Prince George's County teenagers Fausto E. Solorzaro and Jennifer Sosa shared a romance, dating for four months.
The two remained friendly after their breakup in January. But when Solorzaro took up with another girl who didn't like him paying attention to his ex, things turned bloody.
In March, Solorzaro attacked Sosa in her home in an unincorporated section of the county near Hyattsville. Solorzaro bludgeoned Sosa in the head with a hammer, then pulled back the girl's head and cut her throat.
Sosa -- about 5 feet 6 inches tall and about 130 pounds -- fought back against the larger Solorzaro. Her ex-boyfriend stabbed her 25 times, slicing her hands as she tried to shield herself and inflicting wounds that collapsed both her lungs. Sosa battled him with such ferocity that he called his new girlfriend for help on a two-way radio.
Sosa staggered up a flight of stairs to a phone. She thought she was dead when she initially couldn't get a dial tone. She survived.
In July, Solorzaro, 16, pleaded guilty to attempted first-degree murder.
At his sentencing hearing Thursday, Assistant State's Attorney Mary K. Brennan asked Circuit Court Judge Michael Whalen to impose a sentence of 20 years, the deal she had agreed to with the defendant's attorney.
Whalen, who was not bound by the plea agreement, sentenced Solorzaro to 50 years in prison. The judge told Solorzaro: "The only thing I can say, sir, is I can't even begin to imagine a more horrible experience suffered by anyone than was suffered by Miss Sosa. And I can't imagine a more heartless, coldblooded act [than] you committed."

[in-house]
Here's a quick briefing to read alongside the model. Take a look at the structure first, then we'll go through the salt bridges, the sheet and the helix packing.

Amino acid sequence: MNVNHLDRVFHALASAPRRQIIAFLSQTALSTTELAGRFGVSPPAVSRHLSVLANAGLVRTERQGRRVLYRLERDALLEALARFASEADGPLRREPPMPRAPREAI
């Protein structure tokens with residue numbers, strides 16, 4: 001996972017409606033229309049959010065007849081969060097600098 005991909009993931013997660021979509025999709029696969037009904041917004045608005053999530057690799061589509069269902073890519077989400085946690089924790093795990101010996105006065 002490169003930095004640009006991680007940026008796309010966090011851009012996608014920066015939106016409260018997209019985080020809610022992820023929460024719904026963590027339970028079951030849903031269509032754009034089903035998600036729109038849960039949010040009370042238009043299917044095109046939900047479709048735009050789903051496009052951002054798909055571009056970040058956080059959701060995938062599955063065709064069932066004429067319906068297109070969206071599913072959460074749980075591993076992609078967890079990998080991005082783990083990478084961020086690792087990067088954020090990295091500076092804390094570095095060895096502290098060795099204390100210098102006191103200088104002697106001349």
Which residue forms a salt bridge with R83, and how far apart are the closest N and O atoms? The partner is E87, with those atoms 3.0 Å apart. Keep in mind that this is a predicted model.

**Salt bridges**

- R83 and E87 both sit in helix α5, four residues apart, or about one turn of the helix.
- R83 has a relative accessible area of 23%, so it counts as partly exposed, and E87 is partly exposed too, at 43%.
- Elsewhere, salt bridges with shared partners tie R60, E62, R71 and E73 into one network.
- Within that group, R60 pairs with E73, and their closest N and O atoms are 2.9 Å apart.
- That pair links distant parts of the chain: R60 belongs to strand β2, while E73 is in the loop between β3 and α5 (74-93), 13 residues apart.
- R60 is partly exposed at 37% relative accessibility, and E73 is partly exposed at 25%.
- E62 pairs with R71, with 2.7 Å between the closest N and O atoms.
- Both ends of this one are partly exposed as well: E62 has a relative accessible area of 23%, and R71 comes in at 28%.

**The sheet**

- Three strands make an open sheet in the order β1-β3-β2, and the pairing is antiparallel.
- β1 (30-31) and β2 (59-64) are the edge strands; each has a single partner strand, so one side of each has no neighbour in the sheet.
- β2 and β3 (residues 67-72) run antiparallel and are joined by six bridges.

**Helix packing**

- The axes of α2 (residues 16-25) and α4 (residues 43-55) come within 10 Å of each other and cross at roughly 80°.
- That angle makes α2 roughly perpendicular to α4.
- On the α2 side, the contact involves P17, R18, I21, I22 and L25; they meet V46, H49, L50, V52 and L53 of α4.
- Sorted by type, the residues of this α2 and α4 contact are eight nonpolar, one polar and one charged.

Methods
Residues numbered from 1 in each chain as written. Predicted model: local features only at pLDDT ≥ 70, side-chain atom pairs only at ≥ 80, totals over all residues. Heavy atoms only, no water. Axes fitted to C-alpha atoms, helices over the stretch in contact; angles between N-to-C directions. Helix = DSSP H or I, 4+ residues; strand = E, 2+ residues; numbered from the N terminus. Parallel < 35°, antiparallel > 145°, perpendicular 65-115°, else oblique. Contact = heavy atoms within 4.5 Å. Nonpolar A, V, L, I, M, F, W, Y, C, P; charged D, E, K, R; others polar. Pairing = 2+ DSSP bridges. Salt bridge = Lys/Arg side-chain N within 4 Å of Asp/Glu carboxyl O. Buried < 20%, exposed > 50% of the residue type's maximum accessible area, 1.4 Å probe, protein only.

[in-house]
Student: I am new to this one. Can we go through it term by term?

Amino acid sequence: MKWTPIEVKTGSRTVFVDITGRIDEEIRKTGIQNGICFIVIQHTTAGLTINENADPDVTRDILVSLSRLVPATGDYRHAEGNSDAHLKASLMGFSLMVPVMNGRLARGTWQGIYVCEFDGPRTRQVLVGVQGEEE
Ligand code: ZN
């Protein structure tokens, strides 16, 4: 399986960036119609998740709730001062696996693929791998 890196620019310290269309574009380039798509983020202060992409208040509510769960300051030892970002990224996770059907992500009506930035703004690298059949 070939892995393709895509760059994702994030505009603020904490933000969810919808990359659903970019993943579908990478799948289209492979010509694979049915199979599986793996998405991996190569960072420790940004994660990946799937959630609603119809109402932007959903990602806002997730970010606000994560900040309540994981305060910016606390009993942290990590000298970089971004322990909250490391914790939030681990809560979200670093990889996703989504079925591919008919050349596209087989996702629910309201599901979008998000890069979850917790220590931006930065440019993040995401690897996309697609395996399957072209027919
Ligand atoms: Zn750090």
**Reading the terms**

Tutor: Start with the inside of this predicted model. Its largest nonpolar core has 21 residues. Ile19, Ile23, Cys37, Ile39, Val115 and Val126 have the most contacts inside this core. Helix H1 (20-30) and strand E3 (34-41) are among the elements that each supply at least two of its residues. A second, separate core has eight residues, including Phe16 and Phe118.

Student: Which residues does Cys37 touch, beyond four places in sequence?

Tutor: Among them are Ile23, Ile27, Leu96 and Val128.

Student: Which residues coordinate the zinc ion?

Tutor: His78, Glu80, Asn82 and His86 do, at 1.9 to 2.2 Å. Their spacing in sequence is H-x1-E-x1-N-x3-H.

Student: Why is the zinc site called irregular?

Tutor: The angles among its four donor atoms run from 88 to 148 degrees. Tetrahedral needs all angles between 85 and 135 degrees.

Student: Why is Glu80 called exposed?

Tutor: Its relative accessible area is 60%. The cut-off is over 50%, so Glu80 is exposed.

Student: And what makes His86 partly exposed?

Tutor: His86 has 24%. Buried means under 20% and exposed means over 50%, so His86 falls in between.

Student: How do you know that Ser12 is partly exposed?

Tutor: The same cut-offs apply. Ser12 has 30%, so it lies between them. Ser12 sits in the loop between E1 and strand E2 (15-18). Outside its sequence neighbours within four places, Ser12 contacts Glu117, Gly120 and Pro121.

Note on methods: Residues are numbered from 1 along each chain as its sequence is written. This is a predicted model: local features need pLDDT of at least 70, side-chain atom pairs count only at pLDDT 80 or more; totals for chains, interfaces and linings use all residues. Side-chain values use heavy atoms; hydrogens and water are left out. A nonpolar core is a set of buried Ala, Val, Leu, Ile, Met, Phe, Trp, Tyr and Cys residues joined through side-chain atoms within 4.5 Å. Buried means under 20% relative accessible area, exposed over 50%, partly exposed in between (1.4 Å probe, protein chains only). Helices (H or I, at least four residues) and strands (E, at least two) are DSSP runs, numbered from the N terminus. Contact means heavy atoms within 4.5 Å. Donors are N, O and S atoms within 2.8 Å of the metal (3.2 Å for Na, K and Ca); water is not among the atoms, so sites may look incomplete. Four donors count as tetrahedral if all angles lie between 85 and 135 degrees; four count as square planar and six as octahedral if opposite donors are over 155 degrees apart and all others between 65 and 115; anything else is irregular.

Solorzaro's defense attorney did not respond to a phone message yesterday. The attorney's answering machine said he was away from the office.
State's Attorney Glenn F. Ivey was happy to share his reaction to the sentence.
"God bless Judge Whalen," Ivey said. "I certainly think that the amount of time he gave this guy was more than appropriate. It was a shockingly violent attack."
Whalen said he considered Sosa's description of how the assault has affected her in deciding Solorzaro's sentence.
Standing a few feet from her attacker, Sosa told Whalen: "This is something I have to live with every day. When I'm walking in the mall and someone will stare at my neck, and they will ask me what happened to my neck, and all the memories will come back. Just to think that somebody I thought was so close to me would do something like this to me, it opened my eyes."
Sosa said that parts of her body are numb and that she often suffers from nightmares. "Before, I could move and have fun," Sosa said. "Now, I'm just like always sad or staring at things. I'm just not the person that I used to be. I feel like I did nothing to deserve this."
Prosecutors said Solorzaro was egged on to attack Sosa by his new girlfriend, who is also 16 and is pregnant by Solorzaro. They said she apparently was jealous of Sosa, even though Sosa never made advances toward Solorzaro after they had broken up.
The girlfriend has been charged as a juvenile with second-degree assault in the attack on Sosa, and her case is pending, prosecutors said. The Washington Post generally does not use the names of defendants charged as minors.
Solorzaro attacked Sosa in her home shortly after noon March 12. Solorzaro called to make sure she was home alone and brought a knife and hammer, prosecutors said.
Sosa, 16, spent 10 days in Prince George's Hospital Center. Her lungs had to be inflated, and she received several blood transfusions.